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Don't turn out the lights on New Jersey

The opinions expressed by columnists are their own and do not necessarily represent the views of

Let me confess: I really like New Jersey. No joke. My earliest memories are living on Alpha Avenue in Old Bridge, New Jersey.

When I was eight, in the summer of ’68, my family moved. Today I live in Virginia, but just last year I detoured while driving to New York City and darted over to see the old Old Bridge neighborhood.

It was nice. I enjoyed the scenery. And, thankfully, I didn’t have to pay their highest-in-the-nation taxes.

Or contemplate their latest corruption scandal.

I’ve been thinking about New Jersey because, like Virginia, the state holds its governor’s race this year. Further, the gubernatorial race got interesting, since this fellow named Steve Lonegan entered the contest.

I’ve had ample cause to cover Mr. Lonegan in my Common Sense e-letter, because in years past he’s found cause to sue then-Governor Christie Todd Whitman over state government borrowing billions without voter approval. In his hometown, he fought eminent domain abuse, an entrenched problem in the Garden State. And in 2007, Steve beat back two ballot measures — promoted by current Governor Jon Corzine (D) — that would have raised Jersey taxes.

Steve Lonegan is not your average political candidate. He knows what it really takes to create jobs and to run a business, having built and managed retail, homebuilding, and manufacturing businesses. In 1995, fed up with the inability of local government to solve problems, Lonegan challenged the incumbent mayor of Bogota, New Jersey, and won. He served until stepping down voluntarily in 2007.

As mayor, Lonegan proved controversial. He worked to cut spending. He re-organized government by combining city departments. He privatized some municipal services. He took on the public employee unions, even the local police union. He fought outrageous pension benefits and mandated that union contracts exceeding inflation be approved by the voters.

After leaving office, Lonegan didn’t skip a beat, taking the helm of New Jersey’s chapter of Americans for Prosperity, where he continued his battle for low taxes as well as government transparency and accountability.

When Governor Corzine sought to hike the tolls charged on New Jersey roads, Lonegan led a protest at an official public meeting being held at a public high school. Standing outside, he was told he was trespassing on “private property” and would be arrested if he didn’t move. Lonegan refused to be silenced and was arrested.

It’s not so good when public officials are arrested. But Lonegan’s guts and gumption are very welcome attributes — necessary ones for wrestling with big government.

Later, the charges were fully dropped and school officials even apologized.

In the race for the Republican nomination, Lonegan is gaining grown on former U.S. Attorney Chris Christie. Christie has some bona fides fighting corruption (by indicting and convicting lots of crooked New Jersey pols), but his own ethics problems have also come to light.

Worst of all, Christie is the candidate of Jersey’s GOP establishment at a time when New Jersey voters — left, right and in-between — want new blood. Change. Hope.

For real, I mean.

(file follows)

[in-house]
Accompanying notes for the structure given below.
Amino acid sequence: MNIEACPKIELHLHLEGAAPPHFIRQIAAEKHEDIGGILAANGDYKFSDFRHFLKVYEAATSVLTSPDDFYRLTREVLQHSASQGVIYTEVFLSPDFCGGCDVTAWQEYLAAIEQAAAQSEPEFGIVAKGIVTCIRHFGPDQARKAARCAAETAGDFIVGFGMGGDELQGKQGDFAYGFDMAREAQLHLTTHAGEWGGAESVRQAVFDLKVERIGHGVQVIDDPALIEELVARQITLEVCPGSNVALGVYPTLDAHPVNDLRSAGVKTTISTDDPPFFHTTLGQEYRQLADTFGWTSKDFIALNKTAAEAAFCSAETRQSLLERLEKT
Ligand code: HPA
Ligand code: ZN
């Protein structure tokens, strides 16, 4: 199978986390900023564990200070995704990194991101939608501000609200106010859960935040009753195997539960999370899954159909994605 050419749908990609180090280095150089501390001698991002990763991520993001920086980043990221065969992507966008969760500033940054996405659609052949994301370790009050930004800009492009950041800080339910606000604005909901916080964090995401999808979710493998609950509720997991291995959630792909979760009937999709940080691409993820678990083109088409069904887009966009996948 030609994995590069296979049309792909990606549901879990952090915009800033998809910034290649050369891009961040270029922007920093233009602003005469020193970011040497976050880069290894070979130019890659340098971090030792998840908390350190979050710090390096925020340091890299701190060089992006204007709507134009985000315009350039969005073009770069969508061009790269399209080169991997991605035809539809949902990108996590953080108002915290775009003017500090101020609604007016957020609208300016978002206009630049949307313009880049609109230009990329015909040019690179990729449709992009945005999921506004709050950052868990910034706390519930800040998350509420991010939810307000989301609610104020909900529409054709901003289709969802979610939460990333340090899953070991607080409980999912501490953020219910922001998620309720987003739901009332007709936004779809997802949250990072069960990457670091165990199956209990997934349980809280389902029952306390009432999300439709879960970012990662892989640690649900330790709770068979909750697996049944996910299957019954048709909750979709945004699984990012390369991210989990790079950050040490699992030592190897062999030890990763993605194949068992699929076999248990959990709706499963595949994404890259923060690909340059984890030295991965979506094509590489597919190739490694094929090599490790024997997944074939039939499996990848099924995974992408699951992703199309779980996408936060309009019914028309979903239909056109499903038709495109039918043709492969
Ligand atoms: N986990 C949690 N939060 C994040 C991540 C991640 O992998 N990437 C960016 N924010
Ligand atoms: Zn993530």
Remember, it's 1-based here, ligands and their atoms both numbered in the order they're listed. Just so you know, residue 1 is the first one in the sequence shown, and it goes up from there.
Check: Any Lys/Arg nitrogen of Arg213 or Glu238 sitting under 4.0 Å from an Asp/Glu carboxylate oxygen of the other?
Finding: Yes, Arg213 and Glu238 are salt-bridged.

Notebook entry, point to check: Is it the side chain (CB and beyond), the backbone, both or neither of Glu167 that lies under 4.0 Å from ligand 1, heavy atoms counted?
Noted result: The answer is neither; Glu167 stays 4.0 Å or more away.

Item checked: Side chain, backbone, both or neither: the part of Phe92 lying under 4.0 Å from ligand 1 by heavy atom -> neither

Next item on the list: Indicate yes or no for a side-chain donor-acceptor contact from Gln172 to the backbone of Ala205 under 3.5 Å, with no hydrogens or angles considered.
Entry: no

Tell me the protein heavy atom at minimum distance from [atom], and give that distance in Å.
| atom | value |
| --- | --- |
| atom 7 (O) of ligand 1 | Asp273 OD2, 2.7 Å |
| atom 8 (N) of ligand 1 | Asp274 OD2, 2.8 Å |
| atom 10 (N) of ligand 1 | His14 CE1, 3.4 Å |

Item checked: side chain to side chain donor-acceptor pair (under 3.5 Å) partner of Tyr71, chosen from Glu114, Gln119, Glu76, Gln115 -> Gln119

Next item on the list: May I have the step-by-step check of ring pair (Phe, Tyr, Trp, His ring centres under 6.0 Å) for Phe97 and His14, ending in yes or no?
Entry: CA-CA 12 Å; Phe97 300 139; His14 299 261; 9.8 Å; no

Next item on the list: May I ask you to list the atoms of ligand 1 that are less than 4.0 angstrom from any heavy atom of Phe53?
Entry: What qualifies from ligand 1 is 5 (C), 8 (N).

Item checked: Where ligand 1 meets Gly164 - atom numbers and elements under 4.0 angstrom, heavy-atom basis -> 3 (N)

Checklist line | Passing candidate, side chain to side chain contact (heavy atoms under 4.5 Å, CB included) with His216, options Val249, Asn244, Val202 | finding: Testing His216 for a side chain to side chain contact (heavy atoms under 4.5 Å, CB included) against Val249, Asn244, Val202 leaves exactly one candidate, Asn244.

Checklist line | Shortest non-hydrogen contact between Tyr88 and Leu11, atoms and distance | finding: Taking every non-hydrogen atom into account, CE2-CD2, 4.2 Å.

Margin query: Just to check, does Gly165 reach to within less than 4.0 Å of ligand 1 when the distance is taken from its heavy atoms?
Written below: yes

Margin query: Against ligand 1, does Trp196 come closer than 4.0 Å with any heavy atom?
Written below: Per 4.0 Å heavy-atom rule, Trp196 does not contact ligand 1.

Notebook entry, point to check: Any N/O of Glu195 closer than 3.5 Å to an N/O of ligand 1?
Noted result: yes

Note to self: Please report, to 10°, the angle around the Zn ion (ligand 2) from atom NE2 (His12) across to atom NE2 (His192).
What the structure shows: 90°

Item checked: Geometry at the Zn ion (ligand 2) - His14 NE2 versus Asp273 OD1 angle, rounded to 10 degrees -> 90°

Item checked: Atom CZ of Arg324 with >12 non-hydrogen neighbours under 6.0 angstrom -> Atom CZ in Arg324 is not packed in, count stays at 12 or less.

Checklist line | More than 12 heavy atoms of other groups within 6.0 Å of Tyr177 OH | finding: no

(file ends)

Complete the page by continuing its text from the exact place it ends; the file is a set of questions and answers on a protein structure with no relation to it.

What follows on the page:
Christie has the money and insider support. Lonegan has the energy and grassroots support. He’s put forth a number of ideas for reform.

A key flash point has been Lonegan’s call for a flat tax. Presently, New Jersey has a very progressive state income tax that starts at 1.4 percent and ends at 8.97. Lonegan would flatten it to 2.9 percent for everyone immediately — then cut it to 2.5 next year and 2.1 percent the third year.

Governor Corzine’s bright idea is to hike the top tax rate to 9.73 percent.

Christie argues that Lonegan’s flat tax will raise taxes for many lower income citizens. Lonegan doesn’t hedge. “In a democracy,” he says, “everyone has to have some skin in the game.”

Lonegan also believes a flat tax, along with cutting business taxes and regulations, will improve the business climate in New Jersey, thus encouraging job growth.

A flat tax might also keep a large number of New Jersey taxpayers in the state. Wealthier citizens can indeed vote with their feet to escape high-tax states. That’s what has happened all over the country, as high tax states lose population and the states without an income tax grow the fastest.

Just recently, billionaire Tom Golisano said he was leaving New York and moving his residence to Florida to save $13,000 a day in state income taxes.

There is another issue to consider when it comes to whom one believes will best keep taxes down: Spending.

Lonegan has pledged to cut state spending by 20 percent. He was asked in a recent debate what precisely he would cut. He responded straightforwardly:

There are currently 16 departments of the state. I would eliminate five of them — the Department of Community Affairs, the Department of the Public Advocate, I would eliminate the Department of Labor and Workforce Development, I would combine Health and Senior Services with Union Services and I would downsize, prioritize, the DEP [Department of Environmental Protection] to a much smaller department. I would also cut a number of state jobs and a number of much smaller line items as well.

When I left New Jersey in 1968, it wasn’t because of high taxes. But if I were to move back, it might have a lot to do with Steve Lonegan

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